The air in many of China’s cities is among the dirtiest in the world, but how does that translate to effects on human health? An economist at MIT ran the numbers to quantify just what how much a city’s air can shorten a person’s life. And he made creative use of a quirk in China’s history to do so.
The Huai River runs horizontally across China, unofficially splitting the country in two: the North and South. During the country’s central planning period in the mid 20th century, the Chinese government implemented a winter heating policy that shares its name with this river. The government provided boilers and free coal to cities north of the river from 1950 to 1980, but not in the warmer climates to the south. Many of these boilers are still in use today.
Because the river provides a clear divide between where the coal
burning was and wasn’t happening, there was also a distinction between where the resulting particulate air pollution did and didn’t occur. Most people tended to stay on their respective sides of the river, too, due to a concurrent policy of household registrations that restricted mobility. This situation set up a sort of unofficial experiment that now allowed researchers to retrospectively compare the health impacts of particulate pollution on residents north and south of the river.
Quantifying the Effects of Pollution on People
Researchers from the U.S., China and Israel compiled data on air pollution and mortality throughout China during the 1980s and 1990s. They examined particulate pollution and life expectancy and controlled for variations in wealth, age, sex and urbanization—and they found a striking connection.
During the ’90s particulate levels in the air over northern China were 55 percent higher than in the South and life expectancies were 5.5 years shorter. Collectively, then, the 500 million people living in northern China during this decade lost 2.5 billion years of life due to the burning of coal to heat homes and offices.
Solidifying the connection, the researchers determined that the causes of death that were elevated in the North were all linked to ambient air quality: heart disease, stroke, lung cancer and other respiratory illnesses. Non-cardiorespiratory causes of death were equally common between the North and South. This is the first direct evidence of the impact of air pollution on life expectancy in China. The authors say it is an important step toward documenting a causal relationship between particulates and shortened life expectancy.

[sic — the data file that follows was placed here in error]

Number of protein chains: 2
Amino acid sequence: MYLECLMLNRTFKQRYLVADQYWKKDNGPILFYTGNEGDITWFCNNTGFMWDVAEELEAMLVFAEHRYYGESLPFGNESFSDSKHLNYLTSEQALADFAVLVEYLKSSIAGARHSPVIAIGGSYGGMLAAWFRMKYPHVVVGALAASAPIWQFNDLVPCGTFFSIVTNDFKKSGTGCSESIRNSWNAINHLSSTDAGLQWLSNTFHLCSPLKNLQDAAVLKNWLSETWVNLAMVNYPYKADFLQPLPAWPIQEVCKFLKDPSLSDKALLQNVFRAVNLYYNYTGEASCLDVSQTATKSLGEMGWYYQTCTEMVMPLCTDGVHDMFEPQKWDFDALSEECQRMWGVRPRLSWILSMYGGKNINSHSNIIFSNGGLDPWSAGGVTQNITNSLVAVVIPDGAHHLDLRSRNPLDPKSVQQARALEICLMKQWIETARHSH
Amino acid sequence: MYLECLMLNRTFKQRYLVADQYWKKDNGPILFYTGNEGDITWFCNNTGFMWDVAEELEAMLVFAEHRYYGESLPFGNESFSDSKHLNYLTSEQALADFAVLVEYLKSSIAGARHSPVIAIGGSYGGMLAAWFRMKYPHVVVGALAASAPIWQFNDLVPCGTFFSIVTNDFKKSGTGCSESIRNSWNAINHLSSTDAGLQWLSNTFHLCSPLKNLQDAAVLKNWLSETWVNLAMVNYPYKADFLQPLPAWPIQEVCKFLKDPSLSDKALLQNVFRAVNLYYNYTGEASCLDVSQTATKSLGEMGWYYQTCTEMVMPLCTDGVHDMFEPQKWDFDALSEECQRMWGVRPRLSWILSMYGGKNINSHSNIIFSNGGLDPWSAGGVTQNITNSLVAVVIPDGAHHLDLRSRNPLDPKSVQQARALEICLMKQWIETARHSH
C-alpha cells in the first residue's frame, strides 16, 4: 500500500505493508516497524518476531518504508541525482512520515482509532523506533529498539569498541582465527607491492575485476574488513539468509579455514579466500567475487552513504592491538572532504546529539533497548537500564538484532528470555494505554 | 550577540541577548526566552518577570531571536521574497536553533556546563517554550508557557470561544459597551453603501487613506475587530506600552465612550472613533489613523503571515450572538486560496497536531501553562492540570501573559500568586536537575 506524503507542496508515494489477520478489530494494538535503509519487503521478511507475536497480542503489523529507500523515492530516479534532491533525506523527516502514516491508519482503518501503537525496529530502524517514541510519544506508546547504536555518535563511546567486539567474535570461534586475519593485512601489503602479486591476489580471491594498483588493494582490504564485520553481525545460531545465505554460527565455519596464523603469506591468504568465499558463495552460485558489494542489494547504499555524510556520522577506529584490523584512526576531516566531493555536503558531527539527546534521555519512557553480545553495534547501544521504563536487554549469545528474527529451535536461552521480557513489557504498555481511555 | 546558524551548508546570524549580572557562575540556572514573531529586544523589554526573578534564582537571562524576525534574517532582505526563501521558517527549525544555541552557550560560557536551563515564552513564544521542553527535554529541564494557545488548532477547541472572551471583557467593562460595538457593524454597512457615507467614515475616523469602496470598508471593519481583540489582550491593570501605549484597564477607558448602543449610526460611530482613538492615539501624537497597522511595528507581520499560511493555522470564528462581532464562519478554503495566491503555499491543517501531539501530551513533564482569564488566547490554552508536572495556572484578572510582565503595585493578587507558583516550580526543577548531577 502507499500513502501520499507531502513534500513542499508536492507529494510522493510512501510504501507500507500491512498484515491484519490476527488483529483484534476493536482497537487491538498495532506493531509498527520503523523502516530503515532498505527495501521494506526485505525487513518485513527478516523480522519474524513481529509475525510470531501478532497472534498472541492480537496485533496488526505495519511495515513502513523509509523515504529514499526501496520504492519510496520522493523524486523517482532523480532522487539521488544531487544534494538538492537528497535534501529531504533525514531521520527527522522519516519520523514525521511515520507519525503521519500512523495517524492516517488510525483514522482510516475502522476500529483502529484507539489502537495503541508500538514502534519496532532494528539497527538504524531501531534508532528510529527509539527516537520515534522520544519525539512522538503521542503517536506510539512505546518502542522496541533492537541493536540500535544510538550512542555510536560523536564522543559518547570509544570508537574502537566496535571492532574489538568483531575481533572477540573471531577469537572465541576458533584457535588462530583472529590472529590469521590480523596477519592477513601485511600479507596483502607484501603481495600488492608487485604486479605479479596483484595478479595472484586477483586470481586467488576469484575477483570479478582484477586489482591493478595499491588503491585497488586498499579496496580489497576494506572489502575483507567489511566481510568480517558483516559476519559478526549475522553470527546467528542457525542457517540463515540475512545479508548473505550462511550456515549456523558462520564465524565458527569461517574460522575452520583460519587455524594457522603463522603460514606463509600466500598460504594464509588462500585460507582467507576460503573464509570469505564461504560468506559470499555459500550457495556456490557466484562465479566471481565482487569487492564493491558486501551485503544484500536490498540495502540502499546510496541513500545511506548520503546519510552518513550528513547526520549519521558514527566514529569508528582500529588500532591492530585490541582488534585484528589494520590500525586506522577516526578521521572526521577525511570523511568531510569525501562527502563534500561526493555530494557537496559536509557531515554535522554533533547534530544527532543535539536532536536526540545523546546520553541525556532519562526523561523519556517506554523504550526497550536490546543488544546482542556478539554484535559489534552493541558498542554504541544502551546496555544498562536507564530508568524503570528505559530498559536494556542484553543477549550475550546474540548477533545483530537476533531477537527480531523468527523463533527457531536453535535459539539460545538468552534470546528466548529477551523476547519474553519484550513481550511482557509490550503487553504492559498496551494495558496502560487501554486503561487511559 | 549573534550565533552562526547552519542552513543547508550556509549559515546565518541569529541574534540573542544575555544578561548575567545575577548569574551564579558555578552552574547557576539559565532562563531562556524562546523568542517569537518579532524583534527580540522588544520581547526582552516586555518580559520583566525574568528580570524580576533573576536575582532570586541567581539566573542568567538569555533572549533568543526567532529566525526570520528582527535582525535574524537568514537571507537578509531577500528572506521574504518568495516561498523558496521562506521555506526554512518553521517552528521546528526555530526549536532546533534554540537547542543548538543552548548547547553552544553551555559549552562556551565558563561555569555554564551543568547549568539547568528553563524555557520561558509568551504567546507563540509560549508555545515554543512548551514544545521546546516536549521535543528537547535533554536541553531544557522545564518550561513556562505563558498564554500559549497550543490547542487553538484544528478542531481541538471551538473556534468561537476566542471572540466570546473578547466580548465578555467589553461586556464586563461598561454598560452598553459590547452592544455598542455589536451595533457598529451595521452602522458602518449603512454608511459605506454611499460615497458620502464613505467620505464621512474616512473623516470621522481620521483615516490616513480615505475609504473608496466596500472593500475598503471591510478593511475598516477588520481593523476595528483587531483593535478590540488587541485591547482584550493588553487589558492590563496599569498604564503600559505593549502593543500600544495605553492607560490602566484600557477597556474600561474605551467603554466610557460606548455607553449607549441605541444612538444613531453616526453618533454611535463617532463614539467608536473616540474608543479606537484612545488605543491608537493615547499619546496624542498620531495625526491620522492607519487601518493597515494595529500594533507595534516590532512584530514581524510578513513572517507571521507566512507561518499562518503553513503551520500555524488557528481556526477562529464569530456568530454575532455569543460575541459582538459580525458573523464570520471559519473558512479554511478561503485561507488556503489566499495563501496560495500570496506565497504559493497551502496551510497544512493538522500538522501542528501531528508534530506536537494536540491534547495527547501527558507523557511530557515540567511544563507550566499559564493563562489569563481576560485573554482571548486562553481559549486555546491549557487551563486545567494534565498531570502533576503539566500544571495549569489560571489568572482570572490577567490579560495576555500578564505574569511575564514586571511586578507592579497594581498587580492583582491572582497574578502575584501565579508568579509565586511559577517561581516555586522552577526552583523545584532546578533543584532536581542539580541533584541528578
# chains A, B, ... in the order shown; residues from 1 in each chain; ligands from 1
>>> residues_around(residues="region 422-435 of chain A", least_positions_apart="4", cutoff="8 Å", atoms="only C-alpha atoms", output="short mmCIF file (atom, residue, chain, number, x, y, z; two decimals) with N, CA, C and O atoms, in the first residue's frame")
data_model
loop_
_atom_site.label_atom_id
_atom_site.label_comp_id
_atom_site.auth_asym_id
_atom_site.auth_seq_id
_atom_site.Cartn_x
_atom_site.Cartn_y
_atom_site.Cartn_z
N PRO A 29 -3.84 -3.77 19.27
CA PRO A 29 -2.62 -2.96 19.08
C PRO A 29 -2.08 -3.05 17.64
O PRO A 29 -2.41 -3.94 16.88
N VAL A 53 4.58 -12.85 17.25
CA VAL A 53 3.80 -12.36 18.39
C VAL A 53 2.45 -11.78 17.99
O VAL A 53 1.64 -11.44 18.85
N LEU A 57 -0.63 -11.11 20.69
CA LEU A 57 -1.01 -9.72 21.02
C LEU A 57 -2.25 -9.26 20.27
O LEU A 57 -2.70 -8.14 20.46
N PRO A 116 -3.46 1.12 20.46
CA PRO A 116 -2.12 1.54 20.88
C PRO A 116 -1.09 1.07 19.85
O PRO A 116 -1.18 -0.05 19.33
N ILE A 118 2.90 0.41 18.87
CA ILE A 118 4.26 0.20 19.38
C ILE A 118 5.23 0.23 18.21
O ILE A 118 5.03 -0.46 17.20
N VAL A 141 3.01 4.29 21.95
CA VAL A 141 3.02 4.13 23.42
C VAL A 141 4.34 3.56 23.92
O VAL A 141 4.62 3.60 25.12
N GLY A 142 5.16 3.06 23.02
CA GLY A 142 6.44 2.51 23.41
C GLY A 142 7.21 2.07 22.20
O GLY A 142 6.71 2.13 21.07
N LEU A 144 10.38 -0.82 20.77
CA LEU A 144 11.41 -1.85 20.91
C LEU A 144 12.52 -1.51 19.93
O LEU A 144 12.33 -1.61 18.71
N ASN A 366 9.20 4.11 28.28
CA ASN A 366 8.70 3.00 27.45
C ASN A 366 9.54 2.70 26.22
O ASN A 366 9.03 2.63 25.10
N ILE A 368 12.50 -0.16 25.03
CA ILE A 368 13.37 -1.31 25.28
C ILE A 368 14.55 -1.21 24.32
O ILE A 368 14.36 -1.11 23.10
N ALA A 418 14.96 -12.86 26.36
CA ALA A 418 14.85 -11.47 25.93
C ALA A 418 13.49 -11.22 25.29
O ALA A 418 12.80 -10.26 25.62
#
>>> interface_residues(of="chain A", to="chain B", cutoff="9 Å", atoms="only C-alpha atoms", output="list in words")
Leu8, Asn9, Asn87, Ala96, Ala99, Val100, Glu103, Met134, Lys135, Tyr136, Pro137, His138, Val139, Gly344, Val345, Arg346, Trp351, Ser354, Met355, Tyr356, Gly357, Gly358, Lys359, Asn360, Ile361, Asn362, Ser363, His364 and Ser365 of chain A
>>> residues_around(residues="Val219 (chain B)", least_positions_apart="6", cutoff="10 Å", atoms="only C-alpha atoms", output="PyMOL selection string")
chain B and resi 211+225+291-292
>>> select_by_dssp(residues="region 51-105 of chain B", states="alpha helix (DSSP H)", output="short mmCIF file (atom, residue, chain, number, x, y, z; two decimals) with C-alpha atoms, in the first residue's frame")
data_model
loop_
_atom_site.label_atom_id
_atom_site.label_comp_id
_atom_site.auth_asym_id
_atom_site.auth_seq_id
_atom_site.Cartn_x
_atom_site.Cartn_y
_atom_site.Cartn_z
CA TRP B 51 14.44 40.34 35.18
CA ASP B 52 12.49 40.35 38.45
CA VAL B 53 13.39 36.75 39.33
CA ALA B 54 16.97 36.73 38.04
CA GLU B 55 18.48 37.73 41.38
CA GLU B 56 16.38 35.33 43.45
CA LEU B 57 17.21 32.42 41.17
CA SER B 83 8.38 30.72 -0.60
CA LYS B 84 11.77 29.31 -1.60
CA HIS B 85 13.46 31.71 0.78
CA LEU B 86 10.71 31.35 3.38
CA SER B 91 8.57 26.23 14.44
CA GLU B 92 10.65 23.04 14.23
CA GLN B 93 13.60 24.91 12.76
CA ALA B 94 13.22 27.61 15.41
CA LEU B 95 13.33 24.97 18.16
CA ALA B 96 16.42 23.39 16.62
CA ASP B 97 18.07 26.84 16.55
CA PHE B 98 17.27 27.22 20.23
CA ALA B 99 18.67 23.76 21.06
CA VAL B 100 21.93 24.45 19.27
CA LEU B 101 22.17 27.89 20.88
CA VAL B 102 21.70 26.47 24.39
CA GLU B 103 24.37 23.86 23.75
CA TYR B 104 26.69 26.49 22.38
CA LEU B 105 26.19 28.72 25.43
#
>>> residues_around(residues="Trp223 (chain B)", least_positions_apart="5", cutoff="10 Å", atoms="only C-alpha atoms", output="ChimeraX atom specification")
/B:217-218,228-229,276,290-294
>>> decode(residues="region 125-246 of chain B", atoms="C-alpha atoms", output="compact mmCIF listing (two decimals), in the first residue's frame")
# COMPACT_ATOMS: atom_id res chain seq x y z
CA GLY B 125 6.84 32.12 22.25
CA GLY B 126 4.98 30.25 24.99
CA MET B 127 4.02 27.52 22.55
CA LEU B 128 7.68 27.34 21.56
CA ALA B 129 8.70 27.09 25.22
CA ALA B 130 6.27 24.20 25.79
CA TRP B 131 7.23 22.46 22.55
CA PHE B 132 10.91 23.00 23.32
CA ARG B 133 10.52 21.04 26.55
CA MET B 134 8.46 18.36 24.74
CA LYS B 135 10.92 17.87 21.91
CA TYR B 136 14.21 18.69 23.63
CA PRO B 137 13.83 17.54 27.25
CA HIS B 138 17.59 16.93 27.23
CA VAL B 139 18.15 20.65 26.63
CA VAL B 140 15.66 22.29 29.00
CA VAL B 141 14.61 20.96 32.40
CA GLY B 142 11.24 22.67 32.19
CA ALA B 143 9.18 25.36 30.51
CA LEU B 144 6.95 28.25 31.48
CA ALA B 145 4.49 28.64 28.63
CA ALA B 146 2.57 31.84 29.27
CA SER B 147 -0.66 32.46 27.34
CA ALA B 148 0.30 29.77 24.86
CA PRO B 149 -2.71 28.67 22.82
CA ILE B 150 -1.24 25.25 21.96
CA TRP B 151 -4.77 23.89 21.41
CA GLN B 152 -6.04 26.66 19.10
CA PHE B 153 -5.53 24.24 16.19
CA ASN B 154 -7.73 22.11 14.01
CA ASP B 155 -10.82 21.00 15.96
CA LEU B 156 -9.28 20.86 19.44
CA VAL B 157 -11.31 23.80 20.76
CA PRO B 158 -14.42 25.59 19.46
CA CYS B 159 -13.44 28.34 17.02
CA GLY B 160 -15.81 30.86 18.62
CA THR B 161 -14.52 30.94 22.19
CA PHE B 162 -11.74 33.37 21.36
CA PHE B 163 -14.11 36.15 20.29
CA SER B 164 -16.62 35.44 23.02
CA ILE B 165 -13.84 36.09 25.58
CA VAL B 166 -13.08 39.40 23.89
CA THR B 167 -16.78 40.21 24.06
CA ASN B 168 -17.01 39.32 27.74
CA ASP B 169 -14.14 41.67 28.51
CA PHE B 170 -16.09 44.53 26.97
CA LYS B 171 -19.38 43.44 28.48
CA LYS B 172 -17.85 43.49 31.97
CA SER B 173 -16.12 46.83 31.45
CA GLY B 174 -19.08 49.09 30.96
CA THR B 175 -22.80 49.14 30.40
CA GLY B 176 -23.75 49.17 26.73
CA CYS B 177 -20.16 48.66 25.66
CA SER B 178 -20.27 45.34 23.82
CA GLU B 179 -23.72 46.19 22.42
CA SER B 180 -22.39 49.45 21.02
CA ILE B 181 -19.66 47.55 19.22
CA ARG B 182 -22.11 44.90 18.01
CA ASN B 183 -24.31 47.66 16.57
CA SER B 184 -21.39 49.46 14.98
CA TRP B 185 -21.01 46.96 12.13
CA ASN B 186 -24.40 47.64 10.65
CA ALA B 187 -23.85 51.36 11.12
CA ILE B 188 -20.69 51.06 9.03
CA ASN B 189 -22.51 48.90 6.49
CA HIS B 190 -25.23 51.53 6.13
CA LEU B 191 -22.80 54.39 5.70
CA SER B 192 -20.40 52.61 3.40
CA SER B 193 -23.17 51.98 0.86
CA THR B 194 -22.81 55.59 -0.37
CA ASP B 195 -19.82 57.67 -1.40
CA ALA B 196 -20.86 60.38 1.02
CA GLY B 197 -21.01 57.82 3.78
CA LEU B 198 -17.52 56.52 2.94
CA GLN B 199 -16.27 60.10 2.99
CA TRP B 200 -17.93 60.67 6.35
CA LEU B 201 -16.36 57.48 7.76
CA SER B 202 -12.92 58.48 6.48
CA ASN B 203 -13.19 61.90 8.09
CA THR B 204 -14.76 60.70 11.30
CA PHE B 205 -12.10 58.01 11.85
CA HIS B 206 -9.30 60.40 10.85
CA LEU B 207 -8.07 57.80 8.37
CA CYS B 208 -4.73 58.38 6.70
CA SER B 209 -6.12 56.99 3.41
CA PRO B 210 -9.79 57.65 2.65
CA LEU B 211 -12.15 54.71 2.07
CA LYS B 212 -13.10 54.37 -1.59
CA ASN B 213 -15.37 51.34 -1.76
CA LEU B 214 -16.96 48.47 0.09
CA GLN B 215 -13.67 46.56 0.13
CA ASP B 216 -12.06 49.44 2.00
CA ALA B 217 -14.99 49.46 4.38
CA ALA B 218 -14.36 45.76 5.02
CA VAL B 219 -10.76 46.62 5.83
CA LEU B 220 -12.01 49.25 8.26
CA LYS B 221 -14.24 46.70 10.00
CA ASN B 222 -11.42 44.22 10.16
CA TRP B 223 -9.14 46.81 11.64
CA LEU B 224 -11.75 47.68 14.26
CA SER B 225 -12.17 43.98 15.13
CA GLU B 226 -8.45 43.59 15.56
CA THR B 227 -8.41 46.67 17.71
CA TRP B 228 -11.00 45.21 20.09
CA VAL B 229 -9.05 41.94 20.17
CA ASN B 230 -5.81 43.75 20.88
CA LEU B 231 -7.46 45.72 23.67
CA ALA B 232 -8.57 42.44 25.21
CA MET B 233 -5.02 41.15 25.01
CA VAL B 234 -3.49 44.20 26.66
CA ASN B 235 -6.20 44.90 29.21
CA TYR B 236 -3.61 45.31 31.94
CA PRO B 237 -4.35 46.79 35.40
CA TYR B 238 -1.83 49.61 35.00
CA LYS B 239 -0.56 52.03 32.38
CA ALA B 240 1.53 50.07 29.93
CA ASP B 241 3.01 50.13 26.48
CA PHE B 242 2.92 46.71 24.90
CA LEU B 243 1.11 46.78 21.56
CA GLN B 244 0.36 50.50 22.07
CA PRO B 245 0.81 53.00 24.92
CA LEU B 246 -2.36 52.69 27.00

Beyond China’s Borders
Particulate pollution during the ’90s was about 550 micrograms per cubic meter of air in northern China versus about 350 in the South. To compare, the U.S.’s particulate levels were hovering around 45 µg/m3 at this time. Today, China’s northern cities continue to burn coal, so their particulate levels are rising with their population. In January Beijing saw levels as high as 755 µg/m3. And particulate levels are still 26 percent higher north of the Huai River, meaning people in northern China can still expect a shorter lifespan than their compatriots to the south.
The authors say the pollution and coal-burning legacy resulting from the Huai River policy could explain why the enormous economic growth in China has not triggered the parallel rise in life expectancy that one might expect. They published their research in Proceedings of the National Academy of Sciences Monday.
The researchers didn’t stop there, though. They wanted to make their findings applicable beyond China’s borders, so they came up with a broader metric. According to their calculations, long-term exposure to an increase of 100 micrograms of particulate pollution translates to a 3-year drop in life expectancy, no matter the country or time period. The researchers hope their metric will provide concrete numbers to help the governments of developing countries weigh the human health costs against economic benefits when drafting future pollution policies.
Top image: Air pollution in the city of Wuhan, China. Image courtesy of Barnaby Chambers/Shutterstock